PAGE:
Nijel Binns Sculpted Creative Encounters with
Jackie Chan, Michael Jackson and Stevie Wonder
She’s the only cornrow-wearing Black woman in the world who stands 16-feet-tall and embodies aesthetic attributes of Asian, African, Native American and European people. She’s part mythical goddess, part urban princess whose presence in the south-central district of Watts was intended as a symbol to urge community healing after the infamous Los Angeles riots of 1992. Every enduring gesture of The Mother of Humanity™, as she’s called by her creator Nijel Binns, offers thoughtful symbolism: She holds “a feather of peace found not only in Native American culture but it was used by the Egyptian goddess Maat,” shared Binns, “her left breast is concealed while the other is exposed, not for pornographic nature […] in the Amazon women warriors used bow and arrows and amputated their left breast to make it easier to draw their bow—the breast is symbolic of the source of mineral resources for all humanity, and her form is modeled on the continent of Africa that is sublimely established in her shape.” This graceful two-ton monument, valued at U$200,000, would be followed by six reproductions to be placed in Africa, Australia, Brazil, China, India and Spain if this portrait sculptor’s vision is ever realized.
For Binns, The Mother of Humanity™ is a testimony that the art of figurative sculpting isn’t confined to creating portrayals of living or deceased heroes. Binns, a native of Battersea, England, spent four years in Mandeville, Jamaica before migrating to Newark, New Jersey in 1963. “My first exposure to sculpting was at St Benedict’s Preparatory [in 1971], I fashioned a hand flashing a peace sign that I finished in antique gold.” Being highlighted for his talent in a Newark newspaper inspired Binns to explore his artistic ability. But his first professional sculpture wasn’t executed until 1990.
“I’m an anomaly in many ways: I’m self-taught as a sculptor and as a writer,” shared Binns, who tutored himself in ancient Egyptian history, Greek sculpture and the Renaissance period. “I did one semester at Montclair State College in New Jersey, I learned to draw lines and squiggly circles and felt that was not for me.” Binns traded college for four years in the U.S. Air Force, with the intent of entering the film industry. “I became a stuntman in Jackie Chan’s first American film The Big Brawl. Being a stuntman and fight coordinator was his priority until he decided to create a 3/4 life-size bust of Michael Jackson.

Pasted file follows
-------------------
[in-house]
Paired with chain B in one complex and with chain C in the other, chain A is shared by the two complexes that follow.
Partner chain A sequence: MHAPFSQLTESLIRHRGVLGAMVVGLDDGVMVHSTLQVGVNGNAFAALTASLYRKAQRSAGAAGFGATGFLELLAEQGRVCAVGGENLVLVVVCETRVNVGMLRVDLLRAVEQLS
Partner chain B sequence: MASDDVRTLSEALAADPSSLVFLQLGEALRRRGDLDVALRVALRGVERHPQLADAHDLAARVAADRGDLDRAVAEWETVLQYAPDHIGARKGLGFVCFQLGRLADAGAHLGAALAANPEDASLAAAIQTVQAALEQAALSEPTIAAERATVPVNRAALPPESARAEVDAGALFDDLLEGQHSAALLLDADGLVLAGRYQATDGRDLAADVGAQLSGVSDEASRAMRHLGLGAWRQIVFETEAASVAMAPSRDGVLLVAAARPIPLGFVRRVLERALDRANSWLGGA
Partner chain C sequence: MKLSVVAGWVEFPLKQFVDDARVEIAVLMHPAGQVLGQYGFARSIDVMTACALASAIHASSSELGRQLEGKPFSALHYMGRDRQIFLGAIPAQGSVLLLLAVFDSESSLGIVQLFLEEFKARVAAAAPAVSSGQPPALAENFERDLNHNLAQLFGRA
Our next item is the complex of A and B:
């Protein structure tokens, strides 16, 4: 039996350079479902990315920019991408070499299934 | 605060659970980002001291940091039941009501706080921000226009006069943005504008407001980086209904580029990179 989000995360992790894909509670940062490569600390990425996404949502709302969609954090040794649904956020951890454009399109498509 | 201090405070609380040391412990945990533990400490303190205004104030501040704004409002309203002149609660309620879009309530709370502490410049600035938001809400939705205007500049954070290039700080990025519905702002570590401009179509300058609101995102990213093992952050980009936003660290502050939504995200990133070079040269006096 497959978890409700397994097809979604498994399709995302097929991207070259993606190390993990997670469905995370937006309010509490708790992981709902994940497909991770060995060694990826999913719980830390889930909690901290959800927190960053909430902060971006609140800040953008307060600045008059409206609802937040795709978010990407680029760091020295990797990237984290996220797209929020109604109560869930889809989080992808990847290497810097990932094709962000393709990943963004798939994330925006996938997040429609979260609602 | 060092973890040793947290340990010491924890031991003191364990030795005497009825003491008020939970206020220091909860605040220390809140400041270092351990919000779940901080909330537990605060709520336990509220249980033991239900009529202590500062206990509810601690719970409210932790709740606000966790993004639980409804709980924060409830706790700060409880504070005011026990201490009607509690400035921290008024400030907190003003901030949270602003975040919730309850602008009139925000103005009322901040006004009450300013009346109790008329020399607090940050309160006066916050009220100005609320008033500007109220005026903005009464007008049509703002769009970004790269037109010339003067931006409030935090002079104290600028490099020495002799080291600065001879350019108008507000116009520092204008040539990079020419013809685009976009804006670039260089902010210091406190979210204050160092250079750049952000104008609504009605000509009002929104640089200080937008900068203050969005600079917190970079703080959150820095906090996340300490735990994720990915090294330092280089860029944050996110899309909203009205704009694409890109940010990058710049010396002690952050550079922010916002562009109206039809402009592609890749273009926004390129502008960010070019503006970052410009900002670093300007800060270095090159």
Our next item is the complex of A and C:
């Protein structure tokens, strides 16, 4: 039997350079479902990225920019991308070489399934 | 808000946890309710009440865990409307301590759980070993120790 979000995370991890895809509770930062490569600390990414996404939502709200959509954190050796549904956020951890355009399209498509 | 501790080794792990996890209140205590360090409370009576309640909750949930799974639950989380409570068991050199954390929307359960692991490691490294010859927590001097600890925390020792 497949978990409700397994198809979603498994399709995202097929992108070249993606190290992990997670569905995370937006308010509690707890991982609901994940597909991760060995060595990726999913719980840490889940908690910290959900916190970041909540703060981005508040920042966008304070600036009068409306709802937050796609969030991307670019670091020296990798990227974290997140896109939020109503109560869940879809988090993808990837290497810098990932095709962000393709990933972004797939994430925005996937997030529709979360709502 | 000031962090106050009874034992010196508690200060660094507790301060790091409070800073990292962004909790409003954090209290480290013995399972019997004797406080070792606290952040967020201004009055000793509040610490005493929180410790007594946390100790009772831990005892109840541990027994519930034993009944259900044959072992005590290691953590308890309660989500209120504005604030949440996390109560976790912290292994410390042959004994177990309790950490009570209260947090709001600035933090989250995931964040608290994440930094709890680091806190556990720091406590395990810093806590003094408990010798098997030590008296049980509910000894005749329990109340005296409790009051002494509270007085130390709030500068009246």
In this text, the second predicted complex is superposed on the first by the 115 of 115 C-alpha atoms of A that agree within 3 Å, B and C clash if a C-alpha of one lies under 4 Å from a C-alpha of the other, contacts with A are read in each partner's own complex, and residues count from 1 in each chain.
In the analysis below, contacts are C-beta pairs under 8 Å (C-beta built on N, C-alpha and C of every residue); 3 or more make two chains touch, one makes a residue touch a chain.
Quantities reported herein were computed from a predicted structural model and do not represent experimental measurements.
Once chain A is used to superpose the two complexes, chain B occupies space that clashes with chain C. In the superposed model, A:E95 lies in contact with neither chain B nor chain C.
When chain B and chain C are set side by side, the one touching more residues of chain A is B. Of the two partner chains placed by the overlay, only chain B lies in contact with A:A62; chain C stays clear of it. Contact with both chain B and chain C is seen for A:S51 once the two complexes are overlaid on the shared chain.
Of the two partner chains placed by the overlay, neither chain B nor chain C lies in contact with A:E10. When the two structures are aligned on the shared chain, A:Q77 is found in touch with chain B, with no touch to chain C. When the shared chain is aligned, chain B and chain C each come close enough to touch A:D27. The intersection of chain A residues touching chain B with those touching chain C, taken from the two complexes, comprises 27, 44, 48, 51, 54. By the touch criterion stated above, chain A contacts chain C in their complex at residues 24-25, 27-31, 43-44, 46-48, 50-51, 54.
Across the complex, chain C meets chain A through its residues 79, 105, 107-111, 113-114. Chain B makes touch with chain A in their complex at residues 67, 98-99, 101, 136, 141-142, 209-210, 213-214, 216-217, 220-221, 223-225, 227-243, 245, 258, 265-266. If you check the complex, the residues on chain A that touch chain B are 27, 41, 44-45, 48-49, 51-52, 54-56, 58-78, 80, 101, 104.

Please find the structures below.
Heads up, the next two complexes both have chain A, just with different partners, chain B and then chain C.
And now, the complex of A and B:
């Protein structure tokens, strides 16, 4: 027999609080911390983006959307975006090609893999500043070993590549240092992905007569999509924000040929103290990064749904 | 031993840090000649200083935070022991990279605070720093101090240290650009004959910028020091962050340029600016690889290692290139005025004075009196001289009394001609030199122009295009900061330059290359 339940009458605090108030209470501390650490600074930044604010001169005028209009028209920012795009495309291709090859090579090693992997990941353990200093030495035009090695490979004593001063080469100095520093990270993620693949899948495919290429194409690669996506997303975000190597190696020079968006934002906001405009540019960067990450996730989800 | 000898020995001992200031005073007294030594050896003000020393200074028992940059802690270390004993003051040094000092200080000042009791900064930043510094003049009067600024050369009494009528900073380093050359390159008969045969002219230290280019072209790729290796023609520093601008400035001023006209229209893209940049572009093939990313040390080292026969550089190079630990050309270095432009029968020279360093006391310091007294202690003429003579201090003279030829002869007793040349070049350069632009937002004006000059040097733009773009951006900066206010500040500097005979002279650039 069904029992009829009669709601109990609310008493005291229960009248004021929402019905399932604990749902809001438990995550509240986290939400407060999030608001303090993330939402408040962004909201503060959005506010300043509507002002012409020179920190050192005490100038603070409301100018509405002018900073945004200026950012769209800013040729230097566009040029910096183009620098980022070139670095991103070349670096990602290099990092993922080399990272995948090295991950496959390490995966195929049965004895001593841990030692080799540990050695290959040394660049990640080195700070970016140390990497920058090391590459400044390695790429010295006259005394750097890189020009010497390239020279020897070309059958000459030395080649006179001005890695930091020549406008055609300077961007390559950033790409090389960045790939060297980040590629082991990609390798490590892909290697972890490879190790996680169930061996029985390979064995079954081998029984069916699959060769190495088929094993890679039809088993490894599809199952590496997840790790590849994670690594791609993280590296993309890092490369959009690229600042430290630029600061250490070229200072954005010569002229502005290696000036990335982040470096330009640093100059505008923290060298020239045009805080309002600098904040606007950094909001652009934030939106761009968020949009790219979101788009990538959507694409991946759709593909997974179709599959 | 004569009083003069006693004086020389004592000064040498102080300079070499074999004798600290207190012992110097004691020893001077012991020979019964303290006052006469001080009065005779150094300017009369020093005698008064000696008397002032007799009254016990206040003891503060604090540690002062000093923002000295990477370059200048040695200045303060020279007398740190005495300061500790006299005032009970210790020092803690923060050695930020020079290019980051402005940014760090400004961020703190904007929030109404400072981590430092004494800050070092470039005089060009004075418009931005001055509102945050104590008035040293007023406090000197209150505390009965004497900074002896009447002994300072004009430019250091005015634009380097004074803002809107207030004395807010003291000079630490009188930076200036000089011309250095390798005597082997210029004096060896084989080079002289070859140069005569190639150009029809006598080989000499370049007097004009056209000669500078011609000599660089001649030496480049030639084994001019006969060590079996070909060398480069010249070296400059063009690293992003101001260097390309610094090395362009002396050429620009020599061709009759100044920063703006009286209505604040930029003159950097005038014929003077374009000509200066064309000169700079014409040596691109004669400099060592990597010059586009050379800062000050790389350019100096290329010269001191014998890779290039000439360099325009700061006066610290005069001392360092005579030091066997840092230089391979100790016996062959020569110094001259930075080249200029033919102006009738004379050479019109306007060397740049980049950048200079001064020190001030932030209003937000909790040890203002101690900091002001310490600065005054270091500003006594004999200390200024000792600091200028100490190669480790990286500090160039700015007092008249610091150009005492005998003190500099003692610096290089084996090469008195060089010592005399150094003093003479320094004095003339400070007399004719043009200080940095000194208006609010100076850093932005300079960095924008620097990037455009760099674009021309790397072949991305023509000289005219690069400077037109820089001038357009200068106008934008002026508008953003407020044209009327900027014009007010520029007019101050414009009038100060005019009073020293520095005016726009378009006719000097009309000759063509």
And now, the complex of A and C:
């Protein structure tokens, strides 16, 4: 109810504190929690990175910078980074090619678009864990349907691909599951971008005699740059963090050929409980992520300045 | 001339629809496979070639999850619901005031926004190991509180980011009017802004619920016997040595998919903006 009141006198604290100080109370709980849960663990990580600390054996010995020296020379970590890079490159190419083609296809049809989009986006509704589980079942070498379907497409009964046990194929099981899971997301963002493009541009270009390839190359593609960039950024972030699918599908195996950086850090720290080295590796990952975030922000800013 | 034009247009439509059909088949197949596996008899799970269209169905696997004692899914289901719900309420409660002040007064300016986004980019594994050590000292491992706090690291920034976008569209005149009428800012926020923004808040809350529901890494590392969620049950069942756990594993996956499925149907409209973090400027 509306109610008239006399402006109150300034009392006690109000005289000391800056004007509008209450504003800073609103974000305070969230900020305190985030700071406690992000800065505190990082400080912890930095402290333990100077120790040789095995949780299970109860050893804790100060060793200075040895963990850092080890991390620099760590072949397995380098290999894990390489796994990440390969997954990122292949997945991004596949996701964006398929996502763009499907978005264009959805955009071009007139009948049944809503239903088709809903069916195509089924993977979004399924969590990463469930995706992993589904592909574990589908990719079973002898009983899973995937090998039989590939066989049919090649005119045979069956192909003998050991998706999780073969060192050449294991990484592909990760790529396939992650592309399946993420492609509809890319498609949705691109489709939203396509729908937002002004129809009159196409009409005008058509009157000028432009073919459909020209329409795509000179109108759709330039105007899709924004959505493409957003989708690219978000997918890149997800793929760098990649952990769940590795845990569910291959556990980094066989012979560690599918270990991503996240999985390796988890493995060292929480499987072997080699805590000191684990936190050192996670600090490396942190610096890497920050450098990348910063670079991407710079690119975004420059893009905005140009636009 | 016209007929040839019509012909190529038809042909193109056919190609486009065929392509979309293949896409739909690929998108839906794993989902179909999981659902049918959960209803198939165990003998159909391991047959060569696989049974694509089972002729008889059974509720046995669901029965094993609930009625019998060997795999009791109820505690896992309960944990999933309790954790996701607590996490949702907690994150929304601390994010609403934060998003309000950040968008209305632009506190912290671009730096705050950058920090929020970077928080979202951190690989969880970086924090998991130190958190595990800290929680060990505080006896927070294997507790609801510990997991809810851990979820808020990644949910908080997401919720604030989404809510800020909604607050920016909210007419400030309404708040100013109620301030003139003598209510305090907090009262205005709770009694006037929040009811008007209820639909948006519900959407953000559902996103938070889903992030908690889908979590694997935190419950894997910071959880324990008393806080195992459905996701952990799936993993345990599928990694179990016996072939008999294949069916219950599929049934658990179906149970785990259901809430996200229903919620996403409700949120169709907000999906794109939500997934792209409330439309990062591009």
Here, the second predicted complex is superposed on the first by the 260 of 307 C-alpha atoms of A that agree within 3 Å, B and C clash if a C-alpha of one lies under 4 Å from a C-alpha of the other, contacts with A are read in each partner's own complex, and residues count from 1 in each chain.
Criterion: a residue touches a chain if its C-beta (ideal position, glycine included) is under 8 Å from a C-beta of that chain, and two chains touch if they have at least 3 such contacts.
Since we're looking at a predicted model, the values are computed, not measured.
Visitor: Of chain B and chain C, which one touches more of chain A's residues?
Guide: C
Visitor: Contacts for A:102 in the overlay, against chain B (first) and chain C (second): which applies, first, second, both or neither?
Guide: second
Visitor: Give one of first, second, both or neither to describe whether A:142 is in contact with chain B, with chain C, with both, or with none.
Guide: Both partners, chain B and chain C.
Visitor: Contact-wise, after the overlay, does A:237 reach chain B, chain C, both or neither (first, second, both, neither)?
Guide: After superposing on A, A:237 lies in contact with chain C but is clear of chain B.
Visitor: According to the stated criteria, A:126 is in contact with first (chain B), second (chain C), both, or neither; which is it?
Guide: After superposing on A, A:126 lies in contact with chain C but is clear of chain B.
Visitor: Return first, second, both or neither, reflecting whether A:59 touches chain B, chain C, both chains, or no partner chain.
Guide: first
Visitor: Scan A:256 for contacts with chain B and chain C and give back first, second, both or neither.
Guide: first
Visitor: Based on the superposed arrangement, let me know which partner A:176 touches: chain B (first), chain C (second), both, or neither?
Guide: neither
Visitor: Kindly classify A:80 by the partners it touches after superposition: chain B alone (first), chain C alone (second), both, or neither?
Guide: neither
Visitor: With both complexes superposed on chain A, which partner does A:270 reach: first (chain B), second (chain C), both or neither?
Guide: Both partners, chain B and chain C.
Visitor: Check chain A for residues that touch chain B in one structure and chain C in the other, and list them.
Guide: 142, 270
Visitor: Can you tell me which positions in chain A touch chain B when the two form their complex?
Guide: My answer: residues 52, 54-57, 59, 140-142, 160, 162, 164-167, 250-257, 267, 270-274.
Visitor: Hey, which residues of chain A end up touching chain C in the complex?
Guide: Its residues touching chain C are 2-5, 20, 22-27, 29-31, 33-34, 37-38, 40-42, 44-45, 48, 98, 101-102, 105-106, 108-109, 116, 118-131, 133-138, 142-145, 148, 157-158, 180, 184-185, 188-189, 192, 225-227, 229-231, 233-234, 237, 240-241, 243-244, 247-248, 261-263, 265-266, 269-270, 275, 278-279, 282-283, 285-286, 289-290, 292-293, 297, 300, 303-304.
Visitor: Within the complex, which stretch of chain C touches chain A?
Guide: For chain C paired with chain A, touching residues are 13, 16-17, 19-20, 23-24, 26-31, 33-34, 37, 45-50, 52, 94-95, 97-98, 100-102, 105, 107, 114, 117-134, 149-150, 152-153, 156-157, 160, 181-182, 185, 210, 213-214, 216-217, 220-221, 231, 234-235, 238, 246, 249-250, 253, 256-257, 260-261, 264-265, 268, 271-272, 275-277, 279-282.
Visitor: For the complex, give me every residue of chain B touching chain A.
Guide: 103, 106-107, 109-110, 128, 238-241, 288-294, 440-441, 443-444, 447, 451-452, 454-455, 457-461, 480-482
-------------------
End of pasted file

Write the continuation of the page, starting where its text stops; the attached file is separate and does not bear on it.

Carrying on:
“It was clay with a ceramic gold finish,” he recalls, “I gave it as a gift to Joseph Jackson [Michael’s dad].” A photo of that statue and a thank you note from Joseph Jackson that read: “In acknowledgement of the gold statue of Michael that you sculpted for my family, I express sincerest appreciation. Your work is a pleasure to own. I find the statue is beautifully detailed and well crafted. It captures the likeness of Michael very well.” That note was in Binns’ folio during a chance meeting in 1990 with Stan Hilas of The Fitzgerald Hartley Company, who was searching for a sculptor to create a bronze figure of Michael Jackson.
That note and photograph, coupled with being prepared for the opportunity, secured the commission to create the Artist of the Decade Award that was presented to Michael Jackson by CBS/Epic executives Tommy Motolla and Dave Glew. That year, Binns was retained by Motown to create the Maasai Princess, a 18K gold-plated bronze statue valued at $75,000, that was presented to Stevie Wonder on the occasion of his 40th birthday. Among Binns’ other illustrious commissions is a bronze bust of John W. Mack, former president of the LA Urban League, and the first bronze monument of actress Shirley Temple for a daycare center that bears her name at Fox Studios in Century City, California.
From a piece of clay to a silicon mold to a wax form for a ceramic shell in which molten metal is poured, the process of crafting a bronze bust can consume four months and requires painstaking attention to details. Binns scours photographs of his subjects taken from all angles in search of the expression that “captures the soul of the person.” He passes on his ‘love of beauty’ through sculpting classes at his Los Angeles studio.